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A German girl travels to Israel to help people with disabilities, where she learns a lot about the role of her grandparents in WWII and meets a man who wants to move to Berlin.


Julia von Heinz


John Quester (screenplay), Julia von Heinz (screenplay) | 1 more credit »
1 win & 2 nominations. See more awards »




Cast overview, first billed only:
Karoline Schuch Karoline Schuch ... Hanna
Doron Amit ... Itay
Leah Koenig ... Gertraud (as Lia Koenig)
Max Mauff ... Carsten
Lore Richter Lore Richter ... Maja
Sigalit Fuchs ... Mira
Trystan Pütter ... Alex
Suzanne von Borsody Suzanne von Borsody ... Uta
Danielle Shimshoni ... Hadar (as Daniel Shimshoni)
Tsahi Hanan ... Albert
Lior Shabtai Lior Shabtai
Alon Zinger Alon Zinger ... Alon
Benzion Reuven Benzion Reuven ... Reuven
Shoshana Garbati Shoshana Garbati ... Shoshana
Simona Idan Simona Idan ... Rony


Hanna is a young German that goes to Israel in order to push her career by working with disabled people. Itay, the Israeli social worker, picks on her with Holocaust jokes and cynical comments on German history, whilst obviously flirting with her. She initially reacts with rejection, but after a while Hanna becomes interested in her family's history, and also in Itay. Written by anonymous

Plot Summary | Add Synopsis

Plot Keywords:

f rated | See All (1) »


Comedy | Romance




Germany | Israel


German | English | Hebrew

Release Date:

23 January 2014 (Germany) See more »

Also Known As:

Love Israel See more »

Filming Locations:

Tel Aviv, Israel See more »

Company Credits

Show more on IMDbPro »

Technical Specs




Aspect Ratio:

2.35 : 1
See full technical specs »

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User Reviews

A refreshing look at German-Israelian relationships
21 February 2014 | by allthatsaxSee all my reviews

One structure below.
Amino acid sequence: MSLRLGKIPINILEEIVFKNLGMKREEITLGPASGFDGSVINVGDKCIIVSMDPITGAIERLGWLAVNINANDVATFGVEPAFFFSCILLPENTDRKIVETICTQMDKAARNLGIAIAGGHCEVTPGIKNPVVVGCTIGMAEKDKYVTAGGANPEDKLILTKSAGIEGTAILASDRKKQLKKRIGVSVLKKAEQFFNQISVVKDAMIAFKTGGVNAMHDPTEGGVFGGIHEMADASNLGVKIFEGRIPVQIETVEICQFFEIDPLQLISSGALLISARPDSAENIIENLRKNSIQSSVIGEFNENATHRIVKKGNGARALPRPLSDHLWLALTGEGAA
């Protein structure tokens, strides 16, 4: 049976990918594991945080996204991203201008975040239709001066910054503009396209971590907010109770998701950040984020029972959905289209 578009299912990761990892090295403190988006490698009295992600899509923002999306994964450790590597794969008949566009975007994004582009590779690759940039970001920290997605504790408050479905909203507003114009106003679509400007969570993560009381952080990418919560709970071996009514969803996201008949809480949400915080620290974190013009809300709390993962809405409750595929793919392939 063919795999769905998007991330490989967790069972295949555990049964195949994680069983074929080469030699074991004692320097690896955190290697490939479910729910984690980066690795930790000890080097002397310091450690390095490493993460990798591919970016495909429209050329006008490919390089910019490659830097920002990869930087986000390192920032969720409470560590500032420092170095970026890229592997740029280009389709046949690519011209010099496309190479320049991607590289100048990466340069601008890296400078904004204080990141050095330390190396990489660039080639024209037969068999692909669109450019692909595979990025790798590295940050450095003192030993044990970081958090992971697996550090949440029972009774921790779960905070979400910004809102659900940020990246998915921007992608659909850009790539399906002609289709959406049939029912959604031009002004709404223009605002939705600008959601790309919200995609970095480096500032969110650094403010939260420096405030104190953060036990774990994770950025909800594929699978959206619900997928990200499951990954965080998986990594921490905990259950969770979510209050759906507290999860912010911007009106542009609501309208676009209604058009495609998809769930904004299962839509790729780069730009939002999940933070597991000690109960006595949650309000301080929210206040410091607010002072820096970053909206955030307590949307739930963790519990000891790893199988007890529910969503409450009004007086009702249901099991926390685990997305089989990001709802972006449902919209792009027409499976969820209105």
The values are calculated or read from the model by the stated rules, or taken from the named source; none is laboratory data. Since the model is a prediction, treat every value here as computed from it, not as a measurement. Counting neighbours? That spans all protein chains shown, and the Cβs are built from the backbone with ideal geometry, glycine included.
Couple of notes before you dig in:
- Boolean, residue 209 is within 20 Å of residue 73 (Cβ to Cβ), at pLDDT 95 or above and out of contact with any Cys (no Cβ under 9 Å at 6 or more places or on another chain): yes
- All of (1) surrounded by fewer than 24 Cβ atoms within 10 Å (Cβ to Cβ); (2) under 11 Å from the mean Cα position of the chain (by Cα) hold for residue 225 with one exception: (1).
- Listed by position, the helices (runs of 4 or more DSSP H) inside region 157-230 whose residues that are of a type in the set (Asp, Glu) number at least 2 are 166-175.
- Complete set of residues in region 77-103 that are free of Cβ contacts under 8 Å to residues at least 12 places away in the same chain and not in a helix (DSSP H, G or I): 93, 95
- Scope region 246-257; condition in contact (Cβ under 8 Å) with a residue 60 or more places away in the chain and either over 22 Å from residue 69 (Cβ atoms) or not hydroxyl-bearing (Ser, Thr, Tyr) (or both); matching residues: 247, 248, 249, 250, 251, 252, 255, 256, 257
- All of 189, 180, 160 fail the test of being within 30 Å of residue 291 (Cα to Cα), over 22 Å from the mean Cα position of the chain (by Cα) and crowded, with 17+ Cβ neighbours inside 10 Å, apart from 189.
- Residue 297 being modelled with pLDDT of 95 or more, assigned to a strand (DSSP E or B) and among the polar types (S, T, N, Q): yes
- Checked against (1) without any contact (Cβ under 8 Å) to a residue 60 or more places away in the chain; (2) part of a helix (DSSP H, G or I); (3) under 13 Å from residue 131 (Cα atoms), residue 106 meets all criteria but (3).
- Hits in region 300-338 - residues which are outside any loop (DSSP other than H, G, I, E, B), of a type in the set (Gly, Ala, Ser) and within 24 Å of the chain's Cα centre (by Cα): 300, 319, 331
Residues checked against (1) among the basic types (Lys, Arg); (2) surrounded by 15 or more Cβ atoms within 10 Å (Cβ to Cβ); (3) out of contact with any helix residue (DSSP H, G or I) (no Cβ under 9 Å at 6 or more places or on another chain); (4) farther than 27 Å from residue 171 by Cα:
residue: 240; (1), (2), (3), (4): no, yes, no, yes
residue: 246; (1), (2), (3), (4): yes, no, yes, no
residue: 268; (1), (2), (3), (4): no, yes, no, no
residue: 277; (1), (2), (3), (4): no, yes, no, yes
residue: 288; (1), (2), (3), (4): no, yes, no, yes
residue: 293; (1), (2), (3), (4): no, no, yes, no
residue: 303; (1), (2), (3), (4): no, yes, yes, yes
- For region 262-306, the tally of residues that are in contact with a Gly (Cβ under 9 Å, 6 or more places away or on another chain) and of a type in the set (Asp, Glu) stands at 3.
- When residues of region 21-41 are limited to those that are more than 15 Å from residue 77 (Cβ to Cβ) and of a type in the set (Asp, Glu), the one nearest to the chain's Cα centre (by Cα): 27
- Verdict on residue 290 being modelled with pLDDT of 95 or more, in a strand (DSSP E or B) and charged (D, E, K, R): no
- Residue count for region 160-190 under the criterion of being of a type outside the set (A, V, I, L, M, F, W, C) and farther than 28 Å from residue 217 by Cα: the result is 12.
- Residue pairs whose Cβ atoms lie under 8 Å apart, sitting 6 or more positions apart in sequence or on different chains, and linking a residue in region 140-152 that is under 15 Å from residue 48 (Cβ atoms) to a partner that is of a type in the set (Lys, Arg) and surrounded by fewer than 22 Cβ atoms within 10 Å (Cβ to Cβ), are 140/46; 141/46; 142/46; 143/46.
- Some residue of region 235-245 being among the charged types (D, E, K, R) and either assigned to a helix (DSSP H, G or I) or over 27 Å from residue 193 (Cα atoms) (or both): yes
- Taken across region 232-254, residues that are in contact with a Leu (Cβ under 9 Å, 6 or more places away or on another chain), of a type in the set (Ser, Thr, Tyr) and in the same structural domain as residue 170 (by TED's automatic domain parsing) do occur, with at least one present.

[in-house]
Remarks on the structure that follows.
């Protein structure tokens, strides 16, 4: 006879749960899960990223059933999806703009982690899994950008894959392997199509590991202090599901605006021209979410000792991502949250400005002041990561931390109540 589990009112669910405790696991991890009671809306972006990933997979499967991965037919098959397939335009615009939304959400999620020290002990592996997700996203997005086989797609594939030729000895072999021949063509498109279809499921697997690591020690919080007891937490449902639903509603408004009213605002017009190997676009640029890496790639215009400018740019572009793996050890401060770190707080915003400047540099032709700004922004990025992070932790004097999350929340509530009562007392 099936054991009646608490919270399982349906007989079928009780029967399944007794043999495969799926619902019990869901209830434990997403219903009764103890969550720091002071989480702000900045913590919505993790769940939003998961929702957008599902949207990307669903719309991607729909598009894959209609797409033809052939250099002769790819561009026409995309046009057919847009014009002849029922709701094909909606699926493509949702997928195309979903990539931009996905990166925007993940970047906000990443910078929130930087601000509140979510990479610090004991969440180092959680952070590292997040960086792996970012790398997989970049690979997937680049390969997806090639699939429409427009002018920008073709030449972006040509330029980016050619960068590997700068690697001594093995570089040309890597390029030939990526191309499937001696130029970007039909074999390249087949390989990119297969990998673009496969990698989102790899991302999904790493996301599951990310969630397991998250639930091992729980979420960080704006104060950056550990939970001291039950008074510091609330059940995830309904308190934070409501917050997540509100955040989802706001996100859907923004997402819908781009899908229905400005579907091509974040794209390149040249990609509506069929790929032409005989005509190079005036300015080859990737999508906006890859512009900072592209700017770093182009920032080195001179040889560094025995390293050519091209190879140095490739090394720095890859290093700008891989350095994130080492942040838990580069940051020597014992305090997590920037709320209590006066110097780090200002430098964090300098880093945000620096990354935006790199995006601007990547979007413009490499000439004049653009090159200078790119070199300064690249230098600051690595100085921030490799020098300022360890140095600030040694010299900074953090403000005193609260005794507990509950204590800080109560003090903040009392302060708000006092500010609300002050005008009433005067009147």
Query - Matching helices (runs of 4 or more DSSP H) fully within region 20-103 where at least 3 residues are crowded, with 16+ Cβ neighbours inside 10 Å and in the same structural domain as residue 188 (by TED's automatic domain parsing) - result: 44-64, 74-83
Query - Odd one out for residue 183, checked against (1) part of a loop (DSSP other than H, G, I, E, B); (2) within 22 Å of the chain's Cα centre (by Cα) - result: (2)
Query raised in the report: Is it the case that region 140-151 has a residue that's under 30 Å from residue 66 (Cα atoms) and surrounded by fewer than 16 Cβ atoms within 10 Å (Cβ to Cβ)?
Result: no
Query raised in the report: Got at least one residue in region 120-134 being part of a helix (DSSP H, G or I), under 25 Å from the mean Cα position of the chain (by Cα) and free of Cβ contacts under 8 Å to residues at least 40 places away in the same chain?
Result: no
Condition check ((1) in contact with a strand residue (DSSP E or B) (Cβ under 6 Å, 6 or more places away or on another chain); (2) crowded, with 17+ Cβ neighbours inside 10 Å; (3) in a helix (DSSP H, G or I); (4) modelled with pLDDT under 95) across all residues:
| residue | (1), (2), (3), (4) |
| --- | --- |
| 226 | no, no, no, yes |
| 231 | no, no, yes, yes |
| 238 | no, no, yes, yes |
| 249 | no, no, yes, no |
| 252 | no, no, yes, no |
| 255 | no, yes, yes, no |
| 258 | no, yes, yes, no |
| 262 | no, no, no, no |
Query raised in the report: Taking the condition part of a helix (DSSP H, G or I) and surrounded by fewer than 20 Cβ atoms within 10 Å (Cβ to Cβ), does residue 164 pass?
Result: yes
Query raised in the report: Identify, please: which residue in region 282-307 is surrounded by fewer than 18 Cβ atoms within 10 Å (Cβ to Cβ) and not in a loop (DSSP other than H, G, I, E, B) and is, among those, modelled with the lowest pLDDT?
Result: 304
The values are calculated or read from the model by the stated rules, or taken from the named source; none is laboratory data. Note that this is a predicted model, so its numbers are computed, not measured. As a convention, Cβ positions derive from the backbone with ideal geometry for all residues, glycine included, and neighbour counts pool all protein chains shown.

Heroine makes journey to find herself - This summary is not the whole answer here, though, because the plot turns out to take on an interesting twist when woven in with the delicate issue of German-Israelian/ German-Jewish relationships. The main character's path takes a few expected turns, but also as many unexpected ones, which keeps it interesting to see the plot unfold. What's great about this carefully written piece is that it manages to take a refreshing, humorous approach towards the heavy political issue that hangs over the characters' heads like the sword of Damocles. A couple of pretty hearty jokes aimed at the German side work well in helping to ease the pressure. Outside of these moments, one feels like a quiet observer in an intimate setting, while watching the lively bunch, each person with their own idiosyncrasies and oddities, trying to find the appropriate way of dealing with each other in a situation where there's no protocol for it. All this is a pleasure to watch from a photographic point of view; with lovingly designed settings, carefully chosen framing and an interesting use of colors, the visualization becomes something of a metaphorical reflection of the actions taking place in the foreground. So I would recommend 'Hannah's Reise' to fans of romcoms with a twist as much as to those who enjoy movies with a political note (without being preachy or judgmental).

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